Sunday, 22 September 2013

Film Review: Blue Jasmine (2013)

Director: Woody Allen
Writer: Woody Allen
Stars: Cate Blanchett, Alec Baldwin, Peter Sarsgaard, Sally Hawkins, Bobby Cannavale and Louie C.K

Blue Jasmine is not only a brilliant return to form for Woody Allen after the disastrous From Rome With Love and several other sub-par efforts over the past decade (Scoop, Cassandra’s Dream, Whatever Works) but it is perhaps his most accomplished screenplay of multiple characters since Husbands And Wives. Certainly Midnight In Paris is a superb and magical film, but Blue Jasmine is Allen back in adult territory with several well-rounded characters and his writing is very strong once again.

Perhaps it is the distinct lack of the ‘Woody Allen character’ in Blue Jasmine which gives the film its focus and maturity; he is a writer who can absolutely write female characters and dialogue and the titular character is one of his most complex. Jasmine is blue, as the title suggests, because she is depressed and at 40-something years of age she now needs to find her place in the world after her rich husband went to jail and subsequent committed suicide, leaving her bankrupt and aimless. However, Allen creates so many layers and attributes to his lead character that she never once feels like a stereotype of depression but is genuinely a woman who is on the brink of a breakdown in every scene we see her. Like most Allen characters, Jasmine talks a lot, with all her thoughts and emotions laid out for the audience to see and hear and Allen’s ear for dialogue has rarely been more realistic than when Jasmine, and indeed the other characters, speak.

Jasmine moves from New York’s Park Avenue to one of San Francisco’s less-than-picturesque area to live with her sister, Ginger, (both adopted) whilst she gets her life back on track. The duality between Jasmine and Ginger’s lives plays out well without being clich├ęd in their differences; Ginger has her problems, too, with divorce, a new man, and an affair (this is Allen after all) all going on through the duration of the film which nicely mirrors the way Jasmine has dealt with her own issues. Ginger, too, could be a depressed sociopath but difference is she’s never had the riches her sister has been used too, so has never had to rebuild an identity like Jasmine now feels she has to. The films asks questions about what identifies us and what makes us happy; Jasmine and Ginger are two sides of those questions.

The film is not without its humorous moments and Allen fills his screenplay with amusing lines without going for full-on comedy, although some moments which some could construe as comedic are actually really quite tragic when we appreciate Jasmine is constantly on the tipping point of a full breakdown. The film strikes the perfect balance of comedic, dramatic, and tragic in a way only Allen could convey.

All of the excellent writing, of course, is for nothing if the acting talent is unable to realise it on the screen, but Cate Blanchett gives a performance so open, honest, unflinching, and utterly human that she brings Jasmine to life in a way which transcends just great acting and she becomes a real person and we truly care for the wellbeing. From the first scene Blanchett shows nuances and mannerisms (she brushes her hair and pulls at her jacket with a nervous disposition which constantly reminds us of her anxiety) which simply pop off the screen and are hallmarks of an actress who is embodying the character, not just reading lines and looking pretty. At this moment, she is unrivalled for the Best Actress in a Leading Role Oscar next year for I have seen nothing else which has come close.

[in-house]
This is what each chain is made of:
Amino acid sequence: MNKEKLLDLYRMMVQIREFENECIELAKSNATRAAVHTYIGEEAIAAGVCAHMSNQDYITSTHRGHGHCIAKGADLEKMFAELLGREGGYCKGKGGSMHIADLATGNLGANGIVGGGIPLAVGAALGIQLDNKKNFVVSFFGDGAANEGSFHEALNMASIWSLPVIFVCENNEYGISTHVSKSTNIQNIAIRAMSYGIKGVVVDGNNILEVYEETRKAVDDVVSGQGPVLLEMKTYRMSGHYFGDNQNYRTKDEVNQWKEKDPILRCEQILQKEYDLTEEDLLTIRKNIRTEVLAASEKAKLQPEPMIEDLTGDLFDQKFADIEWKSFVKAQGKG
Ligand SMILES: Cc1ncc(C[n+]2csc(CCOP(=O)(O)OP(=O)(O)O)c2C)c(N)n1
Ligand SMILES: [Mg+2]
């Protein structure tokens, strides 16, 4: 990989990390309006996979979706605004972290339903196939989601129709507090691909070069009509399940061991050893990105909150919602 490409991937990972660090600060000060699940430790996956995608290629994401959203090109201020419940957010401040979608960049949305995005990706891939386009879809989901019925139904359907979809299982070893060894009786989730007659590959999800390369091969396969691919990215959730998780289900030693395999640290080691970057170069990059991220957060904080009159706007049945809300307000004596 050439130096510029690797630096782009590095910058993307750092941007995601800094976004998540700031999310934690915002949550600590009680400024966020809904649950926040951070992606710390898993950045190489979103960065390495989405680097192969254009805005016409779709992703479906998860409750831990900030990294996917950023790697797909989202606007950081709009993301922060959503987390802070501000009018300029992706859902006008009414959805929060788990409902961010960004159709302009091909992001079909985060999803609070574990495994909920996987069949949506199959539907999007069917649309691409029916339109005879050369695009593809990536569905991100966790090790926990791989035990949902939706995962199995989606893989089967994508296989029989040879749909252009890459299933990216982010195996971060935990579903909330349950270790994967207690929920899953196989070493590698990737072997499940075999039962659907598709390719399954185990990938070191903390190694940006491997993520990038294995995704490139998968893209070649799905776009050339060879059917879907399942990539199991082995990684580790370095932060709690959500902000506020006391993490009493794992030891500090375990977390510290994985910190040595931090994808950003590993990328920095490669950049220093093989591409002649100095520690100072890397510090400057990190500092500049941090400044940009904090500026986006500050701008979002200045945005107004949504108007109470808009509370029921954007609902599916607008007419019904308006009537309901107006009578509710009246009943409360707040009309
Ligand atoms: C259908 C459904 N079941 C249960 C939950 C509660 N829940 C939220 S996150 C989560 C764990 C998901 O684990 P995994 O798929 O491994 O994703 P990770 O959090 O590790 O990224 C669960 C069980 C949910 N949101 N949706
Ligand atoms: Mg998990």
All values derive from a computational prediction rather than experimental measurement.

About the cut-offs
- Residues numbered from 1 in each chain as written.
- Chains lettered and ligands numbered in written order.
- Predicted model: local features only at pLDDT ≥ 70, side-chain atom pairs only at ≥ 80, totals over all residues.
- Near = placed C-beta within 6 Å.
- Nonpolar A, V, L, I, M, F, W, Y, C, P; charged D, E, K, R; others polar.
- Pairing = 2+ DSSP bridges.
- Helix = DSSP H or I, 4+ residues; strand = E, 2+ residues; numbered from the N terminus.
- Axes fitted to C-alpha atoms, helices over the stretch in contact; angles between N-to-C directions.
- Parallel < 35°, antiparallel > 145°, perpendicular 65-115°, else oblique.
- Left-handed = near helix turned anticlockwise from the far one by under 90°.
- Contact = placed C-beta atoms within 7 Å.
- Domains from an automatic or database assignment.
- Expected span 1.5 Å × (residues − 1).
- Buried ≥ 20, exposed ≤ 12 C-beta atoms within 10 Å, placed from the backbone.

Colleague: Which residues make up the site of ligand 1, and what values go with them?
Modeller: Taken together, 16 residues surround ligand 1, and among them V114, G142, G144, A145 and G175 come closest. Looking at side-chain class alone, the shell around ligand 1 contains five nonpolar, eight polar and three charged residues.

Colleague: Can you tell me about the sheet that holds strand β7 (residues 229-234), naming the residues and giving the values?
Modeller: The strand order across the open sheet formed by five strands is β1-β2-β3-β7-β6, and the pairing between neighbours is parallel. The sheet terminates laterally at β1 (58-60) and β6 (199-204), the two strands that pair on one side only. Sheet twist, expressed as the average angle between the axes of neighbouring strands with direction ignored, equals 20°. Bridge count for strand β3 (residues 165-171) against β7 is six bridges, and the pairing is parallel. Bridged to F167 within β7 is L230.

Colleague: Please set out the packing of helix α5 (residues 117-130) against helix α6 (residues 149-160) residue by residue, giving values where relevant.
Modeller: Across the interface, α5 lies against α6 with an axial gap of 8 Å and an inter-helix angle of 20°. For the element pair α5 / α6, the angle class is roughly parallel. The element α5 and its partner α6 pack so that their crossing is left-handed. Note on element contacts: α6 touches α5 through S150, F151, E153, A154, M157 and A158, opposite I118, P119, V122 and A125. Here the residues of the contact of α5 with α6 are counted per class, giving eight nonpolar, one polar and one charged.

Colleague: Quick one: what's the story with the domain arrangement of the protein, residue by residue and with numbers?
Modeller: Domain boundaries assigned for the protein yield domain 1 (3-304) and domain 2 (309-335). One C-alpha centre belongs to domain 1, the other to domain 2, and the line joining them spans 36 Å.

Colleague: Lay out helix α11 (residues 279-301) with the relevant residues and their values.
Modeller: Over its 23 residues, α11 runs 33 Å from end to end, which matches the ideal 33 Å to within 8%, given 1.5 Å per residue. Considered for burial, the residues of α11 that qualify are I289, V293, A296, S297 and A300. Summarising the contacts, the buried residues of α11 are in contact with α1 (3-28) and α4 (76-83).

The supporting cast is also excellent without a single weak link; Sally Hawkins, Alec Baldwin, Bobby Cannavale (so different here than his menacing role in HBO’s Boardwalk Empire) and Louie C.K are all on top form and perfect in their roles, showing once again how well Allen is at getting the very best from his casts. Moreover, Allen’s direction is different here than his usual single take, static camera movements and he moves the camera more freely than usual, more edits and angles, and doesn’t glamorise the locations the way he has done with New York, Paris, Rome, London, and Barcelona in the past. This is a character-driven piece of film making and Allen’s direction suits his screenplay perfectly.

If any criticisms are to be made it would be the terribly clumsy and circumstantial way Jasmine’s new relationship unravels by the way of bumping into her sister’s former husband in the street and the dialogue which then follows. It was the only time in the film where the ‘mechanics’ of screenwriting were present and someone of Allen’s talent shouldn’t be relying on scenes such as this.

Stop thinking for yourself verdict: Aside from this one minor flaw, Blue Jasmine is every bit as good an adult drama as Midnight In Paris was a magically piece of romanticism. This will go down as one of the director’s most important films for many years, and certainly one of his better efforts from a career already filled with outstanding films.

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